The following links are intended to assist and direct you in the management of your Student Loan Debt. Please make sure your billing address is up-to-date for all entities providing you loans so you receive important notifications in a timely manner. The direct loans servicing agents are there to help the student borrower.
If you fail to make a payment on time, you are considered delinquent on your loans. If you do not make payments after a period of time (270 days for Direct Loans) you are considered to be in default.
We would like to help you avoid this situation. If you’re having trouble repaying your loans, you must contact your direct loan servicer. If you do not know which servicer you can find the information at nsldsfap.ed.gov . The servicer will explain your options and what program best fits your personal situation.
There are some things you should consider to help prevent going into default on your loans:
Borrow as little as possible
Understand your options and responsibilities with regard to your loans.
Keep a list of all your loans, including the lender, type of loan, amount of loan, and the interest rate.
Notify your lender promptly if you change your name, address, or return to school.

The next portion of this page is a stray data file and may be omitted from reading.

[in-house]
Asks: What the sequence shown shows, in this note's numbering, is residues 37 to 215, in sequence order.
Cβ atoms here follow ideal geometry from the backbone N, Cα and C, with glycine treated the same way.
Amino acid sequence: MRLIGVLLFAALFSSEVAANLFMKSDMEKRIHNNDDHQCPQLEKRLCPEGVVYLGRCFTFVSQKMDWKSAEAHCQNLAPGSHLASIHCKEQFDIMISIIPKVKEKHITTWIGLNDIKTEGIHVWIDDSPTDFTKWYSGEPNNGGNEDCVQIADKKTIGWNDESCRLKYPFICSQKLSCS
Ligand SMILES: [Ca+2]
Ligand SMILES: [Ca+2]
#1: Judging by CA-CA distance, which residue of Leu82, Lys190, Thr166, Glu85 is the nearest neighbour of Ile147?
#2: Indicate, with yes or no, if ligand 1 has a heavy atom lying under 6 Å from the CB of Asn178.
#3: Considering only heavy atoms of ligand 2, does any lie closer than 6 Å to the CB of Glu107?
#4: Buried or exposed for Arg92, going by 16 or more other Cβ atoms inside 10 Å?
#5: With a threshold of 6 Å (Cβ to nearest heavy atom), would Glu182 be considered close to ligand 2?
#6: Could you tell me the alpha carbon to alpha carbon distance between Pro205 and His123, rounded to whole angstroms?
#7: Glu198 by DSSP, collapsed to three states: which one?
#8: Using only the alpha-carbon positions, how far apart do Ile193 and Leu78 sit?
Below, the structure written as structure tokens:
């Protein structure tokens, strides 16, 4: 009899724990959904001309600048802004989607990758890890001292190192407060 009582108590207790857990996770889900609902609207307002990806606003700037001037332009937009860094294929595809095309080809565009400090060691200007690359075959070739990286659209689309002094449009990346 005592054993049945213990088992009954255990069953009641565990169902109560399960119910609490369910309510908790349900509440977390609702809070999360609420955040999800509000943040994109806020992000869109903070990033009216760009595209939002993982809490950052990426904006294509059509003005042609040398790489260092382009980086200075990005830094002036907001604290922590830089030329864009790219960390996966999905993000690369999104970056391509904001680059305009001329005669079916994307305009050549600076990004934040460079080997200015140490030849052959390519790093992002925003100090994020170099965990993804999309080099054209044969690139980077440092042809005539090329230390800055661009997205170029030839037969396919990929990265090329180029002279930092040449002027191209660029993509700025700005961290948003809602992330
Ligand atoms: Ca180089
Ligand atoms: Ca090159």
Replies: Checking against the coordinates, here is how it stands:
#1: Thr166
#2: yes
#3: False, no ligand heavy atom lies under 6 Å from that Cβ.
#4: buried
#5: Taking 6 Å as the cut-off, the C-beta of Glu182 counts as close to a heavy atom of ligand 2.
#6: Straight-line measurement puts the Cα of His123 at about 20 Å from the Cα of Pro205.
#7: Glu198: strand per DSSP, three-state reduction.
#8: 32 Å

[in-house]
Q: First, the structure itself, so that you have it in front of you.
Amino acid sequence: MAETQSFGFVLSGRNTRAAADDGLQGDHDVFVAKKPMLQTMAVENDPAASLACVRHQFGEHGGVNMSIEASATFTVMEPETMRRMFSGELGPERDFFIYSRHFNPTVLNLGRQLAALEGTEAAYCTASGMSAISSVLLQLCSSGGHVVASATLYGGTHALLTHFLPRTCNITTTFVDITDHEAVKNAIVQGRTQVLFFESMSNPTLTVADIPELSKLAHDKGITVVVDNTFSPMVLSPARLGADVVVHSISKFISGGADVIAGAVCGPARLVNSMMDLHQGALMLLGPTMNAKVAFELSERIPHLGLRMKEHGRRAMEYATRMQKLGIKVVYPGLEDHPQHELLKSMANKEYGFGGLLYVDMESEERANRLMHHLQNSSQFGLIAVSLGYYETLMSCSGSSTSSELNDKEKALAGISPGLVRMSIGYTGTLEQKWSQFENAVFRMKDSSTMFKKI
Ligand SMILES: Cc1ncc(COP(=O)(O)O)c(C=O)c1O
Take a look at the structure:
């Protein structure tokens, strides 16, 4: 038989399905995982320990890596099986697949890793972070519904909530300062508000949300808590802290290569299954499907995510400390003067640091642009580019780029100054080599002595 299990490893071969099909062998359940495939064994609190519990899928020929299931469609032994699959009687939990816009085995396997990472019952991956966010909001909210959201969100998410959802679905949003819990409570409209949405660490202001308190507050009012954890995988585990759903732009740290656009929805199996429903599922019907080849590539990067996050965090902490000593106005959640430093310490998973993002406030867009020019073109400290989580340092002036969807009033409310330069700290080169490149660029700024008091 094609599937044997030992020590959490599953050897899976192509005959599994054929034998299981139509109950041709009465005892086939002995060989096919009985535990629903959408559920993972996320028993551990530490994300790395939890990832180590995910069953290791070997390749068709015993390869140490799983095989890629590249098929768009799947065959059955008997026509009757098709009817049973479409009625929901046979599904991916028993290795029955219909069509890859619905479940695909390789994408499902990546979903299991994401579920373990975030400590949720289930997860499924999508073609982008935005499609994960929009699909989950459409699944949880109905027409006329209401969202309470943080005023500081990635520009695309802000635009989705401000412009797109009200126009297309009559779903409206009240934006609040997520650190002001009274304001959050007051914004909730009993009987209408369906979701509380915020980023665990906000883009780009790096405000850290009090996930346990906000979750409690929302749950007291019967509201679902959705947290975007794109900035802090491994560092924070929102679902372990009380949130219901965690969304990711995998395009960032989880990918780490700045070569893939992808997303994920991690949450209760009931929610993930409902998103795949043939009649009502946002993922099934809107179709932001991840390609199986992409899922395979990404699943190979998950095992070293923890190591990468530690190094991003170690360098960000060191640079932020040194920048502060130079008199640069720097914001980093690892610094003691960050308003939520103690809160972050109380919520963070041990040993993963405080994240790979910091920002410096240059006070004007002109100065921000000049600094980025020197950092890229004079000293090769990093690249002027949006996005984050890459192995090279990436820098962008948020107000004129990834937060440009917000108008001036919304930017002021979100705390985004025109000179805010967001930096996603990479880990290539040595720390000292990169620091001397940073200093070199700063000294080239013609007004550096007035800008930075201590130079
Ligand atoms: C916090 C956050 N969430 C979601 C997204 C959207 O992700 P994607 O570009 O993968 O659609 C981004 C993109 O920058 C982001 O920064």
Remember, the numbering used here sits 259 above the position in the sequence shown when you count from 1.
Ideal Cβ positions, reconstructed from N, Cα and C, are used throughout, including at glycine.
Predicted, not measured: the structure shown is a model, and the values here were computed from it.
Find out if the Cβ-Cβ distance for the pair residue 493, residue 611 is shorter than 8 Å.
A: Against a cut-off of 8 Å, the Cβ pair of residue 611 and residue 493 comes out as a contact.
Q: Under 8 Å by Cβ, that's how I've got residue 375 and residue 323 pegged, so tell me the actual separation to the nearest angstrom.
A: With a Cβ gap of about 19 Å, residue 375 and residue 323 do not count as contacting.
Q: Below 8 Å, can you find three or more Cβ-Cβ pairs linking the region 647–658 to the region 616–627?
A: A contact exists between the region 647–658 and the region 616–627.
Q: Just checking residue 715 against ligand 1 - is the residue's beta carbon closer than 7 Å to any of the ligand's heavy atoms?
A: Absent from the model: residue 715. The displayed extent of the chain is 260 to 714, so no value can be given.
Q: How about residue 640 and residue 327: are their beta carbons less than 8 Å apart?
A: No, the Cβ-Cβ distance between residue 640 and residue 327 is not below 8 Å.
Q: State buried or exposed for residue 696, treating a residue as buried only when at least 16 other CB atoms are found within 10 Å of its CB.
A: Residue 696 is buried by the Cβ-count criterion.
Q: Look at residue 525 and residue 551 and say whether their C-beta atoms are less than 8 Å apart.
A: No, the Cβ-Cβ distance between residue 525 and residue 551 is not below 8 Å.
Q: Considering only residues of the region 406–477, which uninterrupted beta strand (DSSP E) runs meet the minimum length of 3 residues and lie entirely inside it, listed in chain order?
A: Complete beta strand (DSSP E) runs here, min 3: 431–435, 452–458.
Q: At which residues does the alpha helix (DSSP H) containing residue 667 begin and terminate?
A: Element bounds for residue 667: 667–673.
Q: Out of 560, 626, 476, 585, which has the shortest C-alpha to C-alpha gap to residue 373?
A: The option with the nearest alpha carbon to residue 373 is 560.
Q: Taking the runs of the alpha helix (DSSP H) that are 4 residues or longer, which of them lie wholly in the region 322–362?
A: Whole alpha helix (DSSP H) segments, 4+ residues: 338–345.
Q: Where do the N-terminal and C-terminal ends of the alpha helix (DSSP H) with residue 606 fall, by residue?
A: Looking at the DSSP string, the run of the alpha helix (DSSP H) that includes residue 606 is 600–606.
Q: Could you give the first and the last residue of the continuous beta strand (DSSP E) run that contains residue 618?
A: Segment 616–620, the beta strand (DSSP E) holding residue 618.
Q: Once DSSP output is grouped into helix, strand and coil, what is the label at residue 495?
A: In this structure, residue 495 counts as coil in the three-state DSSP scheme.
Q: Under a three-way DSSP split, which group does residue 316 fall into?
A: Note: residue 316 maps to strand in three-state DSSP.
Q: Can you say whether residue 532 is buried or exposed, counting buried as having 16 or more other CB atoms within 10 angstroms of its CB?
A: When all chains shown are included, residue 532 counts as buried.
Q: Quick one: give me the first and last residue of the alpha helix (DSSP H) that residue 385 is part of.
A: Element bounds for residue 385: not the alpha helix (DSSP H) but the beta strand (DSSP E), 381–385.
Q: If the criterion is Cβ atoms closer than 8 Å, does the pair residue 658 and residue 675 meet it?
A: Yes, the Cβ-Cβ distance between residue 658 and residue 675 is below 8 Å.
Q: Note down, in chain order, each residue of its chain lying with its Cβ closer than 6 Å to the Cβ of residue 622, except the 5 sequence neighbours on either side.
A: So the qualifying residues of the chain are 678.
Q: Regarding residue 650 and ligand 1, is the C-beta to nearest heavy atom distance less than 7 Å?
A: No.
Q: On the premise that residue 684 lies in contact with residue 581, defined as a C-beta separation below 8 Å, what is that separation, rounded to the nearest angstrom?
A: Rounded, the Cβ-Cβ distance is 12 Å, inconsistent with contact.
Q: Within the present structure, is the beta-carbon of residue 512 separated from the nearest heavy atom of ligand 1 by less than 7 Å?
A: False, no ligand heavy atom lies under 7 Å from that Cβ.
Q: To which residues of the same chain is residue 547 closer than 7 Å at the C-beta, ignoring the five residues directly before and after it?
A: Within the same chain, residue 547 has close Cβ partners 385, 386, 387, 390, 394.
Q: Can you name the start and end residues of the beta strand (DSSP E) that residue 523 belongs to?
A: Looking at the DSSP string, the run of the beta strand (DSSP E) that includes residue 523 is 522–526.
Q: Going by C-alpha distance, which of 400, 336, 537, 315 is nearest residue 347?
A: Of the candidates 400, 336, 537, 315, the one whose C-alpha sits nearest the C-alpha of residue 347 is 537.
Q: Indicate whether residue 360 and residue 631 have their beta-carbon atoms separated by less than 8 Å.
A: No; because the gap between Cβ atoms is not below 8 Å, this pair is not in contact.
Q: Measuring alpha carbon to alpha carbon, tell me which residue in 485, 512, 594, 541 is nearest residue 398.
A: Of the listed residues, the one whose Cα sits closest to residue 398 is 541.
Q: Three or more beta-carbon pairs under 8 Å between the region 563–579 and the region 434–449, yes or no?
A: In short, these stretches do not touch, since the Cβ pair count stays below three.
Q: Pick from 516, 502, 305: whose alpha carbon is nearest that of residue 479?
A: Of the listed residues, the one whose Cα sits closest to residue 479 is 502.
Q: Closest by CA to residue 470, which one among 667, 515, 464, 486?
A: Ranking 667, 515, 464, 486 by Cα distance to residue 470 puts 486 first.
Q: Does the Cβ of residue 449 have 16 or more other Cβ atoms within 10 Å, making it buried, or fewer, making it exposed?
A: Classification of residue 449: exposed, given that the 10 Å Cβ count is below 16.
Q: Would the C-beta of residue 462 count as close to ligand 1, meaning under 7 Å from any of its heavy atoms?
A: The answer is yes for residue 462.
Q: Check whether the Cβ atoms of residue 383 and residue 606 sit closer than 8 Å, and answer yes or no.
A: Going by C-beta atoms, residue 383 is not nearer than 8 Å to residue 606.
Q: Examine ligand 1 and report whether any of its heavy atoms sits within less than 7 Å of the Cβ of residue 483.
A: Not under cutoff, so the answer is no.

Contact your loan servicer if you are unable to make your loan payments; you cannot receive a loan deferment or forbearance once your loan is in default.
Consider a consolidation loan to combine all your educational loans into one loan. This might allow you to extend the term of the loan to reduce your monthly payment.
Being in default on your federal student loans has severe and long-lasting consequences:
The U.S. Department of Education can immediately demand repayment of the total amount due on the loan.
The U.S. Department of Education will attempt to collect the debt and may charge you for the costs of collecting.
The default will be reported to national credit bureaus. Your credit rating will be damaged, which will make it more difficult for you to make purchases such as a car or house.
You are ineligible for further Title IV student aid.
You are ineligible for deferments.
The Internal Revenue Service can withhold your federal income tax refund.